That means that after the jump, I'll only be taking a look at the latest episodes of 19-2, American Gothic, The Last Ship, Outcast, Preacher and Silicon Valley, as well as last week's Secret City. Netflix also dumped season two of Marco Polo in our laps on Friday, but I haven't watched any of that yet, I'm afraid. Again, not 100% psyched for it and it sounds like there may be even more historical liberties taken this season than there were last.
But also on Friday, Netflix gave us…
Spotless (France: Canal+; UK: Netflix) Frenchman Marc-André Grondin runs a crime-scene clean-up company in London, but is falling on hard times. Then his wayward brother Denis Ménochet (Inglorious Basterds) turns up with a dead drugs mule in his camper van freezer, and soon Grondin's financial luck is changing for the better, even if does mean he's working for criminals to clean up their dirty work.
It's a very curious affair - a French/British co-production with two French leads playing two French brothers who never speak a word of French to each other, even when they're alone, except in flashback to when they were kids and saving their mother from their murderous father. Seemingly a drama at first, albeit a terribly written drama with some terrible dialogue, it becomes a comedy-drama by the end of the first episode and almost enjoyable. Almost.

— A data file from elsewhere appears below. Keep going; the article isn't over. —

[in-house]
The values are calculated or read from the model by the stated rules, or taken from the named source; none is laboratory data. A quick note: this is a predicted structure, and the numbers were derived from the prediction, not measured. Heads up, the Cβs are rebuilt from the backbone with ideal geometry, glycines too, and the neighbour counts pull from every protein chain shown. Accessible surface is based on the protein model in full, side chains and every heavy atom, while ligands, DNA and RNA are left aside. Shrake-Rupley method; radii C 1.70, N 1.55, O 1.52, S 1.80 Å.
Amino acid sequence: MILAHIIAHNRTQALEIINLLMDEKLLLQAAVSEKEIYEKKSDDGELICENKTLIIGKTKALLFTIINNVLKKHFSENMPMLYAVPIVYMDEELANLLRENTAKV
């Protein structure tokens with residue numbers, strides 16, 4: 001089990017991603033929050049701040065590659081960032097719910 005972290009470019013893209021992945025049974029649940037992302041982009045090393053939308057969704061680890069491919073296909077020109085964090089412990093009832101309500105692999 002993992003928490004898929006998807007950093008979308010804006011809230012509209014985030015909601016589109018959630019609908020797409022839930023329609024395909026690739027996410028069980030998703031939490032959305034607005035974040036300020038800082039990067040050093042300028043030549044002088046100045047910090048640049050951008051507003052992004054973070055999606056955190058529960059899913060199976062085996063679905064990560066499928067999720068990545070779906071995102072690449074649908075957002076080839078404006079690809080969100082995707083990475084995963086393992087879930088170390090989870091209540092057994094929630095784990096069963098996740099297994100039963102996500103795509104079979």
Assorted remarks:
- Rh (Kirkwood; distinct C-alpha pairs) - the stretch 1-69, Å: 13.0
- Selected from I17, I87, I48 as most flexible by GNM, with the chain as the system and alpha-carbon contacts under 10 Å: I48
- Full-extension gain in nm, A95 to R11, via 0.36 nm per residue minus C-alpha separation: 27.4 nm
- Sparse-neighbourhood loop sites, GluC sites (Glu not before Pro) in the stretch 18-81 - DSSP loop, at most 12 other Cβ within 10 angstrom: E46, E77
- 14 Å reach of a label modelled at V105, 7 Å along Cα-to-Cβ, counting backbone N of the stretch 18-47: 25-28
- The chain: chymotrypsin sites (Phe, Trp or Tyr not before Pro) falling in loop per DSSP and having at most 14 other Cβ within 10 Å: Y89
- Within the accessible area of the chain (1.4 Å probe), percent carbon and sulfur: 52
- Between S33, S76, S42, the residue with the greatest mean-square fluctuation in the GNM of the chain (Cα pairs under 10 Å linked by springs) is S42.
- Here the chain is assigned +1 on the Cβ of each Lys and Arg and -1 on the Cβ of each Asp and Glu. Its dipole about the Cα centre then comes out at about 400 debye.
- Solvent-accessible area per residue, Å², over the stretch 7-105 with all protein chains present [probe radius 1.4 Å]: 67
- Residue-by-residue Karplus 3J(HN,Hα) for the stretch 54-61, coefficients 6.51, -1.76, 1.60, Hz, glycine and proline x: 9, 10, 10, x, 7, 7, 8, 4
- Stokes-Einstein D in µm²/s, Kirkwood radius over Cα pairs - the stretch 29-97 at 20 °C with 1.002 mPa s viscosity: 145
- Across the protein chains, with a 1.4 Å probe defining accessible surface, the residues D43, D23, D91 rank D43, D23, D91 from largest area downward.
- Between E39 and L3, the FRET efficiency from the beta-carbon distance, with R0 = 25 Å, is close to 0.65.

Nevertheless, despite being written by a Brit and clearly filmed by people who aren't content simply to show the tourist parts of London, there's a distinct lack of reality to any of it and Grondin's character is irritating and stupid. Running out of cash? Maybe you shouldn't try to send your kids to private school while living in a huge house in central London, just as all your contracts are suspended.